19. 19. Transaction PreparednessIntellectual Property – Patent or Trade Secret? • Why use a Patent? • Commercialization: provides a clearly identifiable asset that may be marketed, sold or licensed • Trade-secret protection may be unfeasible • technology can be reverse-engineered, or independently discovered through legitimate means • Why use a Trade Secret? • Not time limited – can be infinite in duration • Immediate protection and lower upfront costs • Some innovations are not patentable
  20. 20. Transaction PreparednessIntellectual Property – Trade-marks Trade-marks: • A recognizable “mark” that distinguishes goods and services of a particular source from those of others • Do you have a brand? • Is it registered? • Are you relying on your reputation? • Tip: Have counsel perform a trade-mark clearance search before investing money into your brand, and register your trade-marks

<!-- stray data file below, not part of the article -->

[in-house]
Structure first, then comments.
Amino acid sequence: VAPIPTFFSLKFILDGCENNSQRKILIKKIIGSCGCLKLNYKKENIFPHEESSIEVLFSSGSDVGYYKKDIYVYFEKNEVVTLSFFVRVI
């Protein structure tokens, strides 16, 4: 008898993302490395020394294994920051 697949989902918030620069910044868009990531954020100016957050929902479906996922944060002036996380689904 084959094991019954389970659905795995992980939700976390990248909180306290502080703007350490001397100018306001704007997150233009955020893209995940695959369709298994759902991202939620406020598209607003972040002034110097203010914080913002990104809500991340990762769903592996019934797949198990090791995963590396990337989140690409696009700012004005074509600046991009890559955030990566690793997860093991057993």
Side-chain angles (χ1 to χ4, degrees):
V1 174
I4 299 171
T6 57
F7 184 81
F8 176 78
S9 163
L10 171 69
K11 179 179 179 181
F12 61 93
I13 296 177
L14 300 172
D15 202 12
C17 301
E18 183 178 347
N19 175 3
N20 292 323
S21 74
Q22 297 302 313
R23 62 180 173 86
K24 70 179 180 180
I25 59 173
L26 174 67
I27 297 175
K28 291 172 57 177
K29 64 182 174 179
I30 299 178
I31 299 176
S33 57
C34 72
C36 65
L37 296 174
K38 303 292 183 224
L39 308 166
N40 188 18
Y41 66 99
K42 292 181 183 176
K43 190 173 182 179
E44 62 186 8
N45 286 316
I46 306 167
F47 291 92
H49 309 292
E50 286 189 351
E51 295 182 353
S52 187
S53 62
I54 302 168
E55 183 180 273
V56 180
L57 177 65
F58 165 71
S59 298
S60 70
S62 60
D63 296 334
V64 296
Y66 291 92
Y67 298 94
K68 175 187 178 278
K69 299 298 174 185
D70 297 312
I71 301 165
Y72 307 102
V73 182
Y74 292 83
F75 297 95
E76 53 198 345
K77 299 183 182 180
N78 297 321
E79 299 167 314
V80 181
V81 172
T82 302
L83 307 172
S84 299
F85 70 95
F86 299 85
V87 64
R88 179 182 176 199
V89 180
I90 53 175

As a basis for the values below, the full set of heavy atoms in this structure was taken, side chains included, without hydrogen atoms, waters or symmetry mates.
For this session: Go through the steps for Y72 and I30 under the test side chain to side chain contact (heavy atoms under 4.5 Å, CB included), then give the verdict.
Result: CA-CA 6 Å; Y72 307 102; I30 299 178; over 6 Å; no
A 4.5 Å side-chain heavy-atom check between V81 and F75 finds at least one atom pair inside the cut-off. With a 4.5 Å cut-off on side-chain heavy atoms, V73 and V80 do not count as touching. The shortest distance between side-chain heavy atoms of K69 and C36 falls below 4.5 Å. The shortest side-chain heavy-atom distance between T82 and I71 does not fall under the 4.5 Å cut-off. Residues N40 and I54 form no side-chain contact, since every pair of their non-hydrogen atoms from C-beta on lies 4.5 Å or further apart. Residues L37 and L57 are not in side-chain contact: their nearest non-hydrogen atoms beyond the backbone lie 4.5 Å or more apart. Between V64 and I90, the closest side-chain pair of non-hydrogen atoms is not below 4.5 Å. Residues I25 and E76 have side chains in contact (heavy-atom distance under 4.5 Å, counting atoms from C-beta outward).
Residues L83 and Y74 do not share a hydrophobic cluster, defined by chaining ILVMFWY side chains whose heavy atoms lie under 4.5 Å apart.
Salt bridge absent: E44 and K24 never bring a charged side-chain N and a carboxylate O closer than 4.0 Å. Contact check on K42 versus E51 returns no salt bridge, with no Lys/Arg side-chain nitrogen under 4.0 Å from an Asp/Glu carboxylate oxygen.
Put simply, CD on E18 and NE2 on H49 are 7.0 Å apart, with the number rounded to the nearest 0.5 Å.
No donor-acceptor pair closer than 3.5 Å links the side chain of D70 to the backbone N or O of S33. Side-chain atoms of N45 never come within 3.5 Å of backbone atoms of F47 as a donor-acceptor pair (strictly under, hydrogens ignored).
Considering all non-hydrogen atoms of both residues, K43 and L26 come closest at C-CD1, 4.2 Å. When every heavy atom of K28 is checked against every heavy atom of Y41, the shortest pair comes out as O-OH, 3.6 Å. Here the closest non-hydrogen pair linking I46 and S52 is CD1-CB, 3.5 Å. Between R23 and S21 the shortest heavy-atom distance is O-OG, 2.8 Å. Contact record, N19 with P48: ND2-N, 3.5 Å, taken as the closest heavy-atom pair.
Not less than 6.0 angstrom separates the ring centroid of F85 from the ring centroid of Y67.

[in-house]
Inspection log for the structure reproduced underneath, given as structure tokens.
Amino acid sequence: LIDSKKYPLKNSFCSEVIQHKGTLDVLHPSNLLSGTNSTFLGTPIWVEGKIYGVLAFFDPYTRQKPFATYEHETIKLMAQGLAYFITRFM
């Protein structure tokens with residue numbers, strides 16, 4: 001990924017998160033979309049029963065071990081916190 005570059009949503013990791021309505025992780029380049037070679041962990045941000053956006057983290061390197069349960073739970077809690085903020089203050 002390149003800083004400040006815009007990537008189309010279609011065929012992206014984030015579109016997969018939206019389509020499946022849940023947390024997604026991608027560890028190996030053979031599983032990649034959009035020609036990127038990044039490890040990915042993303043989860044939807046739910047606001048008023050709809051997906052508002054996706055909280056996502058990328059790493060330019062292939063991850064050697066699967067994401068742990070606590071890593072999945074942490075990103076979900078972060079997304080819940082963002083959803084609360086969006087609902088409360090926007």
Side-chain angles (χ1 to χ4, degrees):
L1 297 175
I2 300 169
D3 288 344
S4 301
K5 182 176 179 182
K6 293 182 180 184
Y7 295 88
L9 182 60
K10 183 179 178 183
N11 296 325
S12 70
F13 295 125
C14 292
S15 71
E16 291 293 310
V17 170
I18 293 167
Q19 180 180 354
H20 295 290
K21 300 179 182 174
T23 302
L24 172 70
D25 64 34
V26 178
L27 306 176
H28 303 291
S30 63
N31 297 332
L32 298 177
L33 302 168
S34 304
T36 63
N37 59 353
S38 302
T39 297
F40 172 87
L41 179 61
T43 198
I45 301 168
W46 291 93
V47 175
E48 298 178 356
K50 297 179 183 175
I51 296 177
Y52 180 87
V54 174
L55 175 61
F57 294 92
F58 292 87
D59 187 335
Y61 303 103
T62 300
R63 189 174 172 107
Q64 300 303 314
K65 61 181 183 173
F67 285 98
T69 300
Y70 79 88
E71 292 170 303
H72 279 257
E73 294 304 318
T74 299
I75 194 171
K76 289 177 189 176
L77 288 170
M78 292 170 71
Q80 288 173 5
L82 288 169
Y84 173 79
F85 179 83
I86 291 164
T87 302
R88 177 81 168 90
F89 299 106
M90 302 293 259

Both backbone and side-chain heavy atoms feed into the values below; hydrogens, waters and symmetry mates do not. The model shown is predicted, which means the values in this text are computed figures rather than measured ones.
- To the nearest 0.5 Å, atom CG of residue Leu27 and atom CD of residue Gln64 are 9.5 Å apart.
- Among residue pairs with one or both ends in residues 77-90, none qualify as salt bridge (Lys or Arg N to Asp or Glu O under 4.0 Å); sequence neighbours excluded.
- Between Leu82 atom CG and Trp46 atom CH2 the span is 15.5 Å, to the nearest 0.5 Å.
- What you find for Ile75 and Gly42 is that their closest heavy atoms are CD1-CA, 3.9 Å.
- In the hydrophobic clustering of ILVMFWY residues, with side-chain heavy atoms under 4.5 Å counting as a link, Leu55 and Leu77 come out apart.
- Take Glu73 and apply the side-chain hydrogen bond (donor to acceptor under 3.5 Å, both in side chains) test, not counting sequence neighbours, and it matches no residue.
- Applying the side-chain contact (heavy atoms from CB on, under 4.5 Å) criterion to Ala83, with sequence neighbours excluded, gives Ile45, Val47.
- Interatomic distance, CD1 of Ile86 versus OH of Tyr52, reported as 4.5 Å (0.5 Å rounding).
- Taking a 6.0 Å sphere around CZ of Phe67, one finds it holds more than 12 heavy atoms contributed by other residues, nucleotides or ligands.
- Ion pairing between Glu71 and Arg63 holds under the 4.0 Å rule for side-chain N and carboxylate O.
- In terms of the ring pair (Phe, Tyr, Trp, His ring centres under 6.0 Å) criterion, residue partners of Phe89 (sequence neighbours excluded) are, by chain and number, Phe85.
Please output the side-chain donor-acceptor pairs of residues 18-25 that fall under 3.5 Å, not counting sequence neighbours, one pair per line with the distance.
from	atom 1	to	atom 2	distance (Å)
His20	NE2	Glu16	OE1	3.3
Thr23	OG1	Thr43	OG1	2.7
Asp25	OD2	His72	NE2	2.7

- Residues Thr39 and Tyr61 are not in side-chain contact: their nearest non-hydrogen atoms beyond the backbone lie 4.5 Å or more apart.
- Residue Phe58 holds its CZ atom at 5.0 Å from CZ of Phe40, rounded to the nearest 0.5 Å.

21. 21. Transaction Preparedness
  22. 22. Transaction PreparednessIntellectual Property - Copyright Copyright • The exclusive right to reproduce, publish and sell a work • Literary, dramatic, artistic, and musical works • Very broad subject matter • Software code • Instruction manuals, product documentation • Website designs • Beware: copyright considerations of open-source code • Tricky ownership issues for consultants • Is it registered?
  23. 23. Transaction PreparednessEmployees • Don’t leave it in the hands of the Judges! • Obtain written agreements assigning IP rights from Employees to the company • Non-competition clauses • Confidentiality of proprietary information • Assignment of inventions • Recent BC case law – Century 21 Canada Limited Partnership v. Rogers Communications Inc., 2011 BCSC 1196 (CanLII) Tip: have reputable legal counsel prepare employment agreements and IP assignments